By Shannon Teoh
November 10, 2014
In the space of a month, Malaysian Muslims have been made aware that they are forbidden to touch dogs without urgent reason, celebrate Halloween and be associated to Sisters in Islam (SIS), a non-governmental organisation working to improve the rights of Muslim women.
There has also been a hue and cry by conservative Muslims over Oktoberfest, the German beer festival that was celebrated in Selangor by non-Muslims last month.
The flurry of fatwas, or religious edicts, issued by clerics is perceived as a broad pushback against what conservative Muslims view as attacks by liberal Muslims and non-Muslims against Islam as Malaysia's official religion.
The pushback came from different sources.
The National Fatwa Council, the highest body of clerics that is backed by the Malaysian government, issued the separate fatwas against the touching of dogs and Halloween.
The declaration that SIS was deviant for spreading "liberalism and pluralism" was made by the Selangor religious authorities, which work under the Sultan of Selangor.
And Oktoberfest was slammed by several conservative clerics in opposition PAS (Pan-Malaysian Islamic Party).
They were joined in criticising the October event by pro-Umno Malay right-wing groups.
These moves have come under intense scrutiny, with different groups calling for and against what some describe as growing Islamic conservatism, or to some, "manufacturing a siege mentality" among the majority Malays to shore up political support.
These fatwas have added to other local controversies - from the banning of yoga for Muslims to several high-profile inter-faith disputes that have split mixed-marriage couples as well as a court decision banning the use of the word "Allah" for God in a Christian publication.
Why The Flurry Of Fatwas Now?
Right-wing Malays have increasingly banged the gong in recent years over alleged attempts by Christian, atheist or liberal Muslim elements to shake their faith.
"These events are held to test the moral limits or religion. It may be done by atheists who want to shake one's faith," said Abdullah Zaik Abdul Rahman, head of Ikatan Muslimin Malaysia, a right-wing Malay-Muslim group, in reference to Halloween.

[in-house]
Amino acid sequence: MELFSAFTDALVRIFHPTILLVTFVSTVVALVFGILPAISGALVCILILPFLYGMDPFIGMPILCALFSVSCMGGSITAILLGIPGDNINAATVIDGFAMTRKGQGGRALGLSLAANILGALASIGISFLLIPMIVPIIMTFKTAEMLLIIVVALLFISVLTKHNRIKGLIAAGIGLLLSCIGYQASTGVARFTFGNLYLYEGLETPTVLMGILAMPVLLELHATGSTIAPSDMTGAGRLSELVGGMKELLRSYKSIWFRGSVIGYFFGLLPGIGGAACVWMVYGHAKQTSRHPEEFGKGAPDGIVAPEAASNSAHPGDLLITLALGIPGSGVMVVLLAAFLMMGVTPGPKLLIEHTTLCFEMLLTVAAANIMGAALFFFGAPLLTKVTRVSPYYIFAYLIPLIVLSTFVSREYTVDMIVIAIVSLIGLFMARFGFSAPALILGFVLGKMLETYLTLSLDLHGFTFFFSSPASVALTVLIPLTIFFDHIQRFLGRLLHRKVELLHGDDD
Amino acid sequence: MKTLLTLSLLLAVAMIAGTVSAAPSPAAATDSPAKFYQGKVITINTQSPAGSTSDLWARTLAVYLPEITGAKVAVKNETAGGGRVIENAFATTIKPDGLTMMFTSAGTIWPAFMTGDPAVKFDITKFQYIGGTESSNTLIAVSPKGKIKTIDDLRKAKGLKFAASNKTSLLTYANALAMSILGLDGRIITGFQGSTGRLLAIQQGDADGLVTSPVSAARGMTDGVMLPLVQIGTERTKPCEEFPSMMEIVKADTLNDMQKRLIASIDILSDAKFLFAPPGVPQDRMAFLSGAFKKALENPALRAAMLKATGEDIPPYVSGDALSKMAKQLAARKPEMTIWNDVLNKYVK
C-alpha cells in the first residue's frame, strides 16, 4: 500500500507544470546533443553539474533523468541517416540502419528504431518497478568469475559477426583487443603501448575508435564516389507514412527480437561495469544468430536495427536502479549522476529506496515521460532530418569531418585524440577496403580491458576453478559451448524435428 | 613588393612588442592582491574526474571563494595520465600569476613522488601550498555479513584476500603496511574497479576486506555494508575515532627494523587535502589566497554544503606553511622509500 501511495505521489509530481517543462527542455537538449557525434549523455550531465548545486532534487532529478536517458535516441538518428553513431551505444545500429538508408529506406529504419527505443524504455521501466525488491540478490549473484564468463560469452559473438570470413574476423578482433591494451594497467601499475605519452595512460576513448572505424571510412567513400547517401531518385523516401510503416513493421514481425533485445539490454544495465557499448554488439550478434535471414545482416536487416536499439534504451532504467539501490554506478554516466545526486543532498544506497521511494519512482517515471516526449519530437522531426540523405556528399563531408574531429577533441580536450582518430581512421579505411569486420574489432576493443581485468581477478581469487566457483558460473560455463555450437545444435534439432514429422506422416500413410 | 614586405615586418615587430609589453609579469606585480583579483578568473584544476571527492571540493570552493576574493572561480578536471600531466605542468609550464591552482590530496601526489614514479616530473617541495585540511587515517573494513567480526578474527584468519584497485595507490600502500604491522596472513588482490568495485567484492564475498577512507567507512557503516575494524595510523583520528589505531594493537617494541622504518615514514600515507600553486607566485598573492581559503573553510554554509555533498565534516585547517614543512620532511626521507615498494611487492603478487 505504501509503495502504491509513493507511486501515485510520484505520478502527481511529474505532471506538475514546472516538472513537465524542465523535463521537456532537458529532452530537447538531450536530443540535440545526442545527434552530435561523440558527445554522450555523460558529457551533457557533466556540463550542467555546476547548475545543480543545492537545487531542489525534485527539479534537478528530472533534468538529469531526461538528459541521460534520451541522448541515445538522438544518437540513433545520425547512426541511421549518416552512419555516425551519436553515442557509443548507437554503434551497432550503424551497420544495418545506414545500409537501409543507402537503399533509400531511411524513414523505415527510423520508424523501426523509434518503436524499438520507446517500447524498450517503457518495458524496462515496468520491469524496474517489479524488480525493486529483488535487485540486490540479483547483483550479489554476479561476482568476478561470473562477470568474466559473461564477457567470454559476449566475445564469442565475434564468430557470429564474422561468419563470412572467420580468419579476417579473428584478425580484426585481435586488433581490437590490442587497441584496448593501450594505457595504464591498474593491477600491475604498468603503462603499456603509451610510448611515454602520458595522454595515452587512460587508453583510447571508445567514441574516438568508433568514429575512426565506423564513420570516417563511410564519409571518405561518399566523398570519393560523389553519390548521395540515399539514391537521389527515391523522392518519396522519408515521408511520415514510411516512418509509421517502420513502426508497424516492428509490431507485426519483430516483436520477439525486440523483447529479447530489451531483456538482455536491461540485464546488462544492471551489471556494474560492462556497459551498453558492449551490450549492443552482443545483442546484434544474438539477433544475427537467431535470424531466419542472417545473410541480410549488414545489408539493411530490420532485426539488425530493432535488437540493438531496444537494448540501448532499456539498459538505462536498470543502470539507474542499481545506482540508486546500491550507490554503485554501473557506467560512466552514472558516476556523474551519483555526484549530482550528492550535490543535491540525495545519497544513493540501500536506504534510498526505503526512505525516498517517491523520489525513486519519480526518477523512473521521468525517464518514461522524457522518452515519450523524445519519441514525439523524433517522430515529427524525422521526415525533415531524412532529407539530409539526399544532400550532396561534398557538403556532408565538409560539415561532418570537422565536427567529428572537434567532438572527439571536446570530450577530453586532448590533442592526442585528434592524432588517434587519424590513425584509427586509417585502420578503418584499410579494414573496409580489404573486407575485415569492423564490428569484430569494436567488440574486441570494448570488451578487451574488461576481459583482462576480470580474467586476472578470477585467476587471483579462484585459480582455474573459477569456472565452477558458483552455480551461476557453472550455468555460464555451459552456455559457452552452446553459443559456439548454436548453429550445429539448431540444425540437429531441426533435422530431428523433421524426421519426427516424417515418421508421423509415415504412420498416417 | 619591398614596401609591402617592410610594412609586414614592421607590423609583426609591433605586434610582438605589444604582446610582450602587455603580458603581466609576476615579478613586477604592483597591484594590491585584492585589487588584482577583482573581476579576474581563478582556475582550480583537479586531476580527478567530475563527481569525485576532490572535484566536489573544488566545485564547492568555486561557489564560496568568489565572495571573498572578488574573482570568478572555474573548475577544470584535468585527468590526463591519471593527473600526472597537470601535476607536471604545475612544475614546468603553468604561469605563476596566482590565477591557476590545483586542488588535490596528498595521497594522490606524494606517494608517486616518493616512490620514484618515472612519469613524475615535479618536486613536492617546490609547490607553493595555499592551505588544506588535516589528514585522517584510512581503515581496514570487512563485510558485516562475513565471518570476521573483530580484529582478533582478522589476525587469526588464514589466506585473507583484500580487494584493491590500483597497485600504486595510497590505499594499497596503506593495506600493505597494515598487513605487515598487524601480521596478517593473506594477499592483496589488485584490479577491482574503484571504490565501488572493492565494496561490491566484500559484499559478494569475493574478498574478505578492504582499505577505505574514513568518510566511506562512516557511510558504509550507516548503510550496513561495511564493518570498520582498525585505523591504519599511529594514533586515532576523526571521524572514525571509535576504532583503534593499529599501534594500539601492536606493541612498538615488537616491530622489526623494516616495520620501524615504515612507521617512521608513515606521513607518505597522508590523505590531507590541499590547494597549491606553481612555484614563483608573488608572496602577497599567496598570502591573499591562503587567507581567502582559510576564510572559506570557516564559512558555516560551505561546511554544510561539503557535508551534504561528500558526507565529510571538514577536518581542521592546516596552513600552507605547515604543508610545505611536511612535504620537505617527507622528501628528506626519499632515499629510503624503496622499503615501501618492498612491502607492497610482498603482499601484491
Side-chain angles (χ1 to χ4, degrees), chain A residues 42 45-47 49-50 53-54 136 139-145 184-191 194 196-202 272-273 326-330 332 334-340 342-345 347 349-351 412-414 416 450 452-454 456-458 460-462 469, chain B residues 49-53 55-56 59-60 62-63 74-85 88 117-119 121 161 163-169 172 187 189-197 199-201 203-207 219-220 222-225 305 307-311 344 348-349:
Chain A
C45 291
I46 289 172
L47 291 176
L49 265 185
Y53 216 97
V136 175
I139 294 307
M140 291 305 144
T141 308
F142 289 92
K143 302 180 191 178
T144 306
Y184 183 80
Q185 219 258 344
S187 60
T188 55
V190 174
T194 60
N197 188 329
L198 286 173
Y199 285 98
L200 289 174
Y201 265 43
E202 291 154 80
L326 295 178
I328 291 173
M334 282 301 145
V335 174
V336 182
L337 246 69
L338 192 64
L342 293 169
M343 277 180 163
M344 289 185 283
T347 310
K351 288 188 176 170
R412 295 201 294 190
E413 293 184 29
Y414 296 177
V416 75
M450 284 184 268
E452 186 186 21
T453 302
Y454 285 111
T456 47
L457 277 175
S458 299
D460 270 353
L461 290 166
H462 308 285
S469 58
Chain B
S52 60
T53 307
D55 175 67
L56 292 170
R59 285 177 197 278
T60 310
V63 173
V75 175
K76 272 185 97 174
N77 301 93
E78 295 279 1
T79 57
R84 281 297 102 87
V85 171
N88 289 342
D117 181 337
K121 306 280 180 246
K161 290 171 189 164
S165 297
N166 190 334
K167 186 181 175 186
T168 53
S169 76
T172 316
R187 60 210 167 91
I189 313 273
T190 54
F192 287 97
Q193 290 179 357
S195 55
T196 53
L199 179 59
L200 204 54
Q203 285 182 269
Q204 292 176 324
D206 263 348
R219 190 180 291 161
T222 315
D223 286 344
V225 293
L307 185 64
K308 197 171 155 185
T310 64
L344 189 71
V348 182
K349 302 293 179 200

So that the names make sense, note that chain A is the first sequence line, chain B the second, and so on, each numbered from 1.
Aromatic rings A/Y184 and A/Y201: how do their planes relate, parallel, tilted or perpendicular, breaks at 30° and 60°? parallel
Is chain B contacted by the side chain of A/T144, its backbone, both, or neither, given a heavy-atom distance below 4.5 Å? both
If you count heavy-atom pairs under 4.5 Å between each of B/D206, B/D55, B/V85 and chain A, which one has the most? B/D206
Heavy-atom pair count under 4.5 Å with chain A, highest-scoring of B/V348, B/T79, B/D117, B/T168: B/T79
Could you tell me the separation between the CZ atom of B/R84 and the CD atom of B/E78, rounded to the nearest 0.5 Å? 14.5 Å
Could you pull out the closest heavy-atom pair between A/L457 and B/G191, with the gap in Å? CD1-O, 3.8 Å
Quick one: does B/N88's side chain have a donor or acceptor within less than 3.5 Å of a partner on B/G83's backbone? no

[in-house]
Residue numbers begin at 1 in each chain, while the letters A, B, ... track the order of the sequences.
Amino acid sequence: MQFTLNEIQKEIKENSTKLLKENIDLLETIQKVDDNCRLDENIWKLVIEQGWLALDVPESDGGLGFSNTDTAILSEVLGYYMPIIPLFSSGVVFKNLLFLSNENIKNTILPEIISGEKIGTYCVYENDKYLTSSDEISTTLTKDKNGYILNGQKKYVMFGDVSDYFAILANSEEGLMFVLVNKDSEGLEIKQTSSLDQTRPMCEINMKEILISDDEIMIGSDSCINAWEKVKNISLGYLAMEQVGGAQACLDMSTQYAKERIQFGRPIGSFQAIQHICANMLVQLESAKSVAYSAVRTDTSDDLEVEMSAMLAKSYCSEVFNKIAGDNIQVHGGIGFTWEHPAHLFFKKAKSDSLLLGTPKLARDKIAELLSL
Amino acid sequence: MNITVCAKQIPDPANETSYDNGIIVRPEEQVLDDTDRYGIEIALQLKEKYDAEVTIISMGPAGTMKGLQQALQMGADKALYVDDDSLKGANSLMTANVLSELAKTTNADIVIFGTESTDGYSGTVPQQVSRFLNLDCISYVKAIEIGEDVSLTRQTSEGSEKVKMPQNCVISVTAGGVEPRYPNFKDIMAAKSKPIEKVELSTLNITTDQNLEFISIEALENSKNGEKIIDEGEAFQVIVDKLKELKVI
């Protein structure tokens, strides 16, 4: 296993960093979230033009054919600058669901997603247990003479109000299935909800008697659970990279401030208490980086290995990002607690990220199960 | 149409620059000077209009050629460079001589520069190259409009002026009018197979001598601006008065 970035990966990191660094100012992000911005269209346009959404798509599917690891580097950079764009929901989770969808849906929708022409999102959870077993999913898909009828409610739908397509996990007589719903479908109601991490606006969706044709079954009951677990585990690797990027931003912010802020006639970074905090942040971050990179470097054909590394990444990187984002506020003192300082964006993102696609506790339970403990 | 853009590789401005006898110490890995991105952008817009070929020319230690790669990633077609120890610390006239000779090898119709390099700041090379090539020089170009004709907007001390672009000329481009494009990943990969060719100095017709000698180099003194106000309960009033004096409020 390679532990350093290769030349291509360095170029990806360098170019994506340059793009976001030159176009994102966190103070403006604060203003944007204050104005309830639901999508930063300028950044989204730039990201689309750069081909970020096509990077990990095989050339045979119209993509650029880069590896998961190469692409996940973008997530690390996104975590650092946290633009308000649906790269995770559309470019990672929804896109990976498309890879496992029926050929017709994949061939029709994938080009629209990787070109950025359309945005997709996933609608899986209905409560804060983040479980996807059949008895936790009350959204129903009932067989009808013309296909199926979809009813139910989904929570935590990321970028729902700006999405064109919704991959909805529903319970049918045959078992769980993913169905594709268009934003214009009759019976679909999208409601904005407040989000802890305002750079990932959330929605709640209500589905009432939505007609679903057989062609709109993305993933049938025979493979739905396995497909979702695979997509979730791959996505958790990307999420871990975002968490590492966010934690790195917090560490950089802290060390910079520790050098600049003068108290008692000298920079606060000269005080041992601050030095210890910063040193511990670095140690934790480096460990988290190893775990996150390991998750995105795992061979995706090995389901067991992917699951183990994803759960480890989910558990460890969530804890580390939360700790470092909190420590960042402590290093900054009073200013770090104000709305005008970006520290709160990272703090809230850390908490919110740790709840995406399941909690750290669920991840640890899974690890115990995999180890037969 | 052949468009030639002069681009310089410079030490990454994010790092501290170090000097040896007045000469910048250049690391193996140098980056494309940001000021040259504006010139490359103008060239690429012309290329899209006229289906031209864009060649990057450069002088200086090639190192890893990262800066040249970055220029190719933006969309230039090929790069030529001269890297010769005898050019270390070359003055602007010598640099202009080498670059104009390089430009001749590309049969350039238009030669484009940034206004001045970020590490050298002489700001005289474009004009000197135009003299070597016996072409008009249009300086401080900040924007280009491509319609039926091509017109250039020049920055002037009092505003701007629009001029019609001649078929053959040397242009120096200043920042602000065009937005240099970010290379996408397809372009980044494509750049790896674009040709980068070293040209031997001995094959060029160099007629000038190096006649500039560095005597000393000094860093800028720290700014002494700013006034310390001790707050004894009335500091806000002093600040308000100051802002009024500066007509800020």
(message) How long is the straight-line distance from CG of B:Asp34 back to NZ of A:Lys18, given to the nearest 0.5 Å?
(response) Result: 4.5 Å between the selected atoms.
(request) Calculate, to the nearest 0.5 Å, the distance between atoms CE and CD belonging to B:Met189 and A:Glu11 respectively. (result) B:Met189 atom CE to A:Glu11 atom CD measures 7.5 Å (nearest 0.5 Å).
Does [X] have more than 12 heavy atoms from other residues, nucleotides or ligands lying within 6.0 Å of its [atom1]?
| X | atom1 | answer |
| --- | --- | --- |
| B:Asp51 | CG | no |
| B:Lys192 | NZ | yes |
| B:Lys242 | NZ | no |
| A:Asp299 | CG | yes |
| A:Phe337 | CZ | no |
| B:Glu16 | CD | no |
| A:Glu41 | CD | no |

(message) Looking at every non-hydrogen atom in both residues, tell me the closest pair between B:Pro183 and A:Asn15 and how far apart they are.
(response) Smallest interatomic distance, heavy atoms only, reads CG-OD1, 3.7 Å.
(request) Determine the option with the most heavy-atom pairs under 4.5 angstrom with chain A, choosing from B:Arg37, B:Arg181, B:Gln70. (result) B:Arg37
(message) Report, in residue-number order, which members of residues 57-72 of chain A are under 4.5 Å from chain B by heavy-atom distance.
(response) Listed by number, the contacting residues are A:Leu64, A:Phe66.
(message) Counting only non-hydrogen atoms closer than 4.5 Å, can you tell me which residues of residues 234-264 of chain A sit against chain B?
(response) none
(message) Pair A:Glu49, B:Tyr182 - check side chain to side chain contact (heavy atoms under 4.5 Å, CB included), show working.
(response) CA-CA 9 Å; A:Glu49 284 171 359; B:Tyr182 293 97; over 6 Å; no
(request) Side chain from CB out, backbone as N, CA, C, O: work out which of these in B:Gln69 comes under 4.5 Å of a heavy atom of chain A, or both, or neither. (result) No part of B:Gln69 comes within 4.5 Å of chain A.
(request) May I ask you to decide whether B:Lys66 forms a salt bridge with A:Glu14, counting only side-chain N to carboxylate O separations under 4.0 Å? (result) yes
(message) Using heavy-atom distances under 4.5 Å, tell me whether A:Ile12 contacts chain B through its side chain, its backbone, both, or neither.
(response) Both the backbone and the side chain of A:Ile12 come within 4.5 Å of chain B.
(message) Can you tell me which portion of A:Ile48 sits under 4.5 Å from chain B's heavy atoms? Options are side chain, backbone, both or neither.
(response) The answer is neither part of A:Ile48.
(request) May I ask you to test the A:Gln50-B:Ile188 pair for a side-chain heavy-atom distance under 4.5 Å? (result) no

There has also been concern among Muslim leaders that human rights are being pushed as a key agenda by a section of liberal-minded activists.
Even Prime Minister Najib Razak himself has invoked a new foe in the form of "human rightism".
"Human rightism... is deviationist in glorifying the desires of man alone and rejects any value system that encompasses religious norms. We will not tolerate any demands or right to apostasy by Muslims," he said in May.
Others in his ruling Umno have followed suit, and the party is set to amend its Constitution later this month to define Islam as that which is practiced by Sunnis only.
"The clause needs to be amended as there is a lot of confusion among Muslims. There are the Shi'ites and the Milah Abraham group who claim to be Muslims but what they practise is strange," said Jamil Khir Baharom, who is Islamic Affairs Minister as well as Umno's head of religious affairs.
There are also concerns that government leaders are using race and religion to create a siege mentality among Muslims.
"Combined with the escalating use of the Sedition Act, we can't run away from the idea that this is about silencing people," said former Umno deputy minister Saifuddin Abdullah. He was referring to the arrests and charges this year faced by dozens who have spoken up against the judiciary, government and monarchs - who are the heads of Islam in Malaysia.
Saifuddin, who heads Najib's Global Movement of Moderates - a government agency dedicated to combating extremism - told The Straits Times: "There are those in my party who think that to win the next election, they must be the guardian of Malays. You can only be the guardian when there are threats."
When news of the fatwa against SIS broke, some in the opposition PAS accused the NGO of "using feminist issues... to boldly challenge Islamic fundamentals".
"It's hard to believe conservative factions in Umno and PAS are not encouraging this siege mentality. The more Muslims feel threatened, whether by real or imagined foes, the more they maintain their grip," Wan Saif ul Wan Jan, head of the think-tank IDEAS, told The Straits Times.